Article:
February 2, 2019

Decision matrix analysis of layout alternatives

Will the standard gauge O scale layout will the analysis?
With all these layout ideas floating around, Marty suggested, most likely with his tongue firmly in his cheek, to take a relook at the decision matrix. But I was curious, so I did it. The result was somewhat unexpected.

I analyzed 7 options. A, B, C and D are expansions of the Aquia Line. E is an expanded PoLA as I have drawn in the past.

F is a DRGW Soldier Summit based plan that I sketched out in some detail, but never did a final version. It has a double track mainline, CTC, Castle Gate,  a steel mill, the Utah Railway I/C, and several coal mines.

The last, G,  is an O Scale standard gauge plan with a On30 narrow gauge interchange. I just have drafts of this plan, but I do have some rolling stock for it (see image above). The other nice thing about it is that many of the ships, trees, and some structures of my ACW layout could be reused on it. However, the plan is set in the 1920s and trying to find rolling stock for it makes it take a hit for manageability. It is interesting that when I mentioned the Maine idea to my wife, she was excited and said, "ohh good, we can go there to research it." Somehow I think think this means more golf.

The first analysis sums numerical rating of 0 to 3 to rate each G&D. It also assigns a priority to each G&D so I can calculate a weighted sum of ratings by priority. In this analysis, the higher numbers are better. Just looking at the sum of ratings we see that three of the Aquia Line plans are tied. This makes sense as the three designs give up one thing to get another. The winner will be decided by the priority assigned to each G&D. The DRGW plan comes in last. When you take the weighted average by priority, the Fredericksburg Extension is the winner.  The DRGW is still last, but the Aquia double deck is second to last.




For you non-parametric statisticians out there, this next matrix uses ranks instead of priorities and weights. I ranked each layout design in order for each G&D. There were lots of ties in these rankings, that is why you see rankings repeated.  In this analysis, low numbers are better.

The reason E&F get ranked low for reliable engines has to do with DCC programming issues. I really don't cherish the idea of trying to manage a fleet of 20 or so locomotives and their DCC idiosyncrasies.  However, once dialed in, the HO engines with keep alives are good runners. The Fredericksburg Extension ties for the lead with  option B, moving Falmouth to the TV room. All ACW plans win this analysis, even the double deck  Aquia plan. However, now the Maine Central layout finished last. I don't like the rank matrix as much as it doesn't do as good a job at showing how important  a particular parameter is.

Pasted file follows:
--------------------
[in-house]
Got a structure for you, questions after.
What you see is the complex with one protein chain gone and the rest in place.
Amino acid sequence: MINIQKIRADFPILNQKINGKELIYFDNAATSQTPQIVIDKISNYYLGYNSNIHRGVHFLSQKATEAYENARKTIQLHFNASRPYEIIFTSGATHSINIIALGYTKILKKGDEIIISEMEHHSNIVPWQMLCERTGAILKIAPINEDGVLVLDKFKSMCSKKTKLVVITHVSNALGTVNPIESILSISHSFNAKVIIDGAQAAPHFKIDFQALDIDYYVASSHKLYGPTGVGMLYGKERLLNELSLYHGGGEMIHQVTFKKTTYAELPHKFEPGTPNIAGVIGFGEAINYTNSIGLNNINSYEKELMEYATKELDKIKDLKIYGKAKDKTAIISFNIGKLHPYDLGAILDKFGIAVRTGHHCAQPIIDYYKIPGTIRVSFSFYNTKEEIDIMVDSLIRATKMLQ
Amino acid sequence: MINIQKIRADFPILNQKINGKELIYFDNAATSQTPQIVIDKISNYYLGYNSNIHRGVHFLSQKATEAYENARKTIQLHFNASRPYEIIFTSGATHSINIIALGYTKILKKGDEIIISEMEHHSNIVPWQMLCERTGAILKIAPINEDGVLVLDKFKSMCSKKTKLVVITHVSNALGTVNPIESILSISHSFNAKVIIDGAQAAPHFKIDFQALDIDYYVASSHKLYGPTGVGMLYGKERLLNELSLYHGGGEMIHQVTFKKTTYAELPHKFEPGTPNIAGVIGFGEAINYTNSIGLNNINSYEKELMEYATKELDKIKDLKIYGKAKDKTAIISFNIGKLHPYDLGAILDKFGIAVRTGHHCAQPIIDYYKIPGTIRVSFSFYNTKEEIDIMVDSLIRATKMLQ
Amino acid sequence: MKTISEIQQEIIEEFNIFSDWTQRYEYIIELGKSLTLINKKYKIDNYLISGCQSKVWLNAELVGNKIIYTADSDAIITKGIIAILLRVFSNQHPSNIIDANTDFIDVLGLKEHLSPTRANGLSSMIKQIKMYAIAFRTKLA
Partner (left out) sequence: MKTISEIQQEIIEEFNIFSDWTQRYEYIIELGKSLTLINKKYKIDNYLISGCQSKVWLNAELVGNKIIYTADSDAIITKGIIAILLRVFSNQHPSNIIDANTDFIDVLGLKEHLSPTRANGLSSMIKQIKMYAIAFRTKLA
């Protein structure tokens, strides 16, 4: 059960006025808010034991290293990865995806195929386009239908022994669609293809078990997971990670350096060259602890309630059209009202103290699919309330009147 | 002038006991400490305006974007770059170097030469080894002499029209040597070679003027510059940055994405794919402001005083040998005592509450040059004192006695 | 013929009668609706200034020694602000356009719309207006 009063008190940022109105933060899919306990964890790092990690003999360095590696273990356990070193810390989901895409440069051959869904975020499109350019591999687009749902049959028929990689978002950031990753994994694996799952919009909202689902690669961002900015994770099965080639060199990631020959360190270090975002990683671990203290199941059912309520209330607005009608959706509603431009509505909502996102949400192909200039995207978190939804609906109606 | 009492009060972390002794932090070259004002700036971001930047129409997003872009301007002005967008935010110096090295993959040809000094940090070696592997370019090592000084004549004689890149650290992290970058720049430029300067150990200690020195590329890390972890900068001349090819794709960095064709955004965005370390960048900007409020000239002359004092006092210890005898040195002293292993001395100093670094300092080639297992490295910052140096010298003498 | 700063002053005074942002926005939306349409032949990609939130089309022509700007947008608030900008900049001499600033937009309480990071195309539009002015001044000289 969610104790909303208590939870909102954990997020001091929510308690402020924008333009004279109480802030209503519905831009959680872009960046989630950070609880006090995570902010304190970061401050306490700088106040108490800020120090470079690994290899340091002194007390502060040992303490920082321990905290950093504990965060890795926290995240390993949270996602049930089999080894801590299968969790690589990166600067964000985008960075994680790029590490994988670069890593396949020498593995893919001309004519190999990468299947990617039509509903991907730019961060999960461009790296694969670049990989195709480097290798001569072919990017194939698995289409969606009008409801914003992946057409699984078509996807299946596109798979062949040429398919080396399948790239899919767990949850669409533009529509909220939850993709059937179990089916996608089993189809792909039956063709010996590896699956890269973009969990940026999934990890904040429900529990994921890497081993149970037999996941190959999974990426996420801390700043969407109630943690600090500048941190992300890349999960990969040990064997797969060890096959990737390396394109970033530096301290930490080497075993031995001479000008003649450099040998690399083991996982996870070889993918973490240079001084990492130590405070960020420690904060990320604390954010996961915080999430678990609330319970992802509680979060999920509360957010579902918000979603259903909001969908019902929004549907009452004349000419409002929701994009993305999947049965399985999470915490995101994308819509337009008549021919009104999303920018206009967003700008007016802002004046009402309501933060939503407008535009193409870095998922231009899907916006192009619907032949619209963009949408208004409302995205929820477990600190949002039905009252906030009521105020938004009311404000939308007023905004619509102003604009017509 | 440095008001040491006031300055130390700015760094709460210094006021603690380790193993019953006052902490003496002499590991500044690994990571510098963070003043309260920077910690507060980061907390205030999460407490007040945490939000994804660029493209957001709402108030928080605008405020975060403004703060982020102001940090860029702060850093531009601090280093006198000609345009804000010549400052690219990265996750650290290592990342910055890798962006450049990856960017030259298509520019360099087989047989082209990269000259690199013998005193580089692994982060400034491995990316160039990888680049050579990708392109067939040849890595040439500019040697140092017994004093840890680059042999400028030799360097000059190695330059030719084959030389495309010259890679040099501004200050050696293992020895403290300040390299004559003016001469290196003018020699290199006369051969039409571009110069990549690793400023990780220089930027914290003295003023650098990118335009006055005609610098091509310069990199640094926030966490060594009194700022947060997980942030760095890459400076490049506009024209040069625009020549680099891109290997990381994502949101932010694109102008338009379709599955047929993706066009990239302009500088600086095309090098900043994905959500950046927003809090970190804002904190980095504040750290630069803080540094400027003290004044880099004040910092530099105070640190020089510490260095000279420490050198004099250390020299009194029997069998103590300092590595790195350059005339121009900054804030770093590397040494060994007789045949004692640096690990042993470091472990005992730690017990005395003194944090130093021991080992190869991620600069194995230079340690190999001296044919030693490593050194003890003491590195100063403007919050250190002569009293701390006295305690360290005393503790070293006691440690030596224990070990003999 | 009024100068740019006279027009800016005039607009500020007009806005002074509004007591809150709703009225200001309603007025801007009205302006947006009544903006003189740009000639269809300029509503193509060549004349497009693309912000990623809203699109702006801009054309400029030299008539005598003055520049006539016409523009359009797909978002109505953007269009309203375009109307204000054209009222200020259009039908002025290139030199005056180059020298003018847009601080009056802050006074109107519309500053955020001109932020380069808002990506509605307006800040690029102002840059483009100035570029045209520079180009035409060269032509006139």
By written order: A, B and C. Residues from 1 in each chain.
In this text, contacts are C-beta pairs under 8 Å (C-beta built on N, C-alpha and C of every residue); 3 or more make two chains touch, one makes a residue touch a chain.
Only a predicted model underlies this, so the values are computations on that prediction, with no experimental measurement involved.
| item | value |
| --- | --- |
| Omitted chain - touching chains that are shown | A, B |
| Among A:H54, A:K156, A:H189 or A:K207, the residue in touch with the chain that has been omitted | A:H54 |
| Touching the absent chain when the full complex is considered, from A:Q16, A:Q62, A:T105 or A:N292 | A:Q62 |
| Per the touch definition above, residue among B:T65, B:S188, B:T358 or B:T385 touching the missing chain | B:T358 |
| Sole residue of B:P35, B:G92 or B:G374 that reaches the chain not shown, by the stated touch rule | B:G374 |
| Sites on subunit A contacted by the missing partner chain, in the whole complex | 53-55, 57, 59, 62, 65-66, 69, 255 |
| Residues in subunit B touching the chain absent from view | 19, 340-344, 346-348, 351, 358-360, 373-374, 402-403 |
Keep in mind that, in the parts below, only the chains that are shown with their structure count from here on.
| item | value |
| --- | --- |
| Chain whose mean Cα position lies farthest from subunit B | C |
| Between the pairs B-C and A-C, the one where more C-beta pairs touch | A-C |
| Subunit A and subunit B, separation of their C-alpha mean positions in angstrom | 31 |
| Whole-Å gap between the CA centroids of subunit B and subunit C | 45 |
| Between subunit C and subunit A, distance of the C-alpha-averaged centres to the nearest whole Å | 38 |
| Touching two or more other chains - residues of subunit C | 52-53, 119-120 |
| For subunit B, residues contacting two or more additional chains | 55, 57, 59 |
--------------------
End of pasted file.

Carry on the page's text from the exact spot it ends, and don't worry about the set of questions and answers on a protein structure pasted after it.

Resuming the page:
Overall, I was surprised because I thought option C would win. But losing the crew lounge was a big hit, as was not having Burnside wharf as part of the plan.  The Fredericksburg Extension is the winner  by a narrow margin over the other Aquia Line expansions. However, even if I zero out the priority for crew lounge, the Fredericksburg extension still wins by a nose.   If I were to drop the Aquia Line,  the PoLA expansion is the way to go.

8 comments:

  1. I’m surprised that C did not compare better with A given that you only had one point difference on the crew lounge.

    Would be interested in seeing the weights used in the first matrix. Are the weights the priority?

    I used to use a Kepner Trevor decision matrix process that was similar and quite useful. The weighted matrix was used to rank wants and desires after each alternative was passed through a must have filter.

    Do you have a list of absolute must haves? These are items that you can not do without. No point in scoring an alternative if it doesn’t pass the must haves.

    As I recall weights for the second step were created before thinking too much about the alternatives in order to reduce bias. I think we used a score of 1 to 10 for each item before factoring the weights. We also would perform a sensitivity analysis to see how much ranking might change if some of the scores changed up or down.

    Finally we would look at adverse or unintended consequences.

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    1. C compared to A loses points for crew lounge, big bridge and town scene. It gets some points back for longer mainline and better TT&TO opportunities.
      I have not created a list of absolute must haves. I used the priorities for that. I never say never.

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    2. C also lost points be not being as manageable as A and B, since it requires a lot more work.

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    3. The weights are listed in the priority column. Multiply priority times rating.

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  2. Wondering why C crew lounge score is lower than D. Looks the same on the diagrams.

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    1. D is the double deck layout that has the wide open crew lounge by the stairs. C crew area is in the upper room where Falmouth is now.

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  3. I'm less concerned about the crew lounge given there are plenty of stools to sit on in the rare instance you're waiting for a train. Also (IMHO) the constant drone of noisy conversation in the crew lounge is a negative, so breaking it up would make for a quieter operation. Just my curmudgeonly observation .

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    1. I do have several stools in the various rooms for crews to get off their feet. The crew lounge is used more for times when we are not operating. During op sessions everyone is assigned jobs. There are rarely people waiting to go on duty as it other large RRs.

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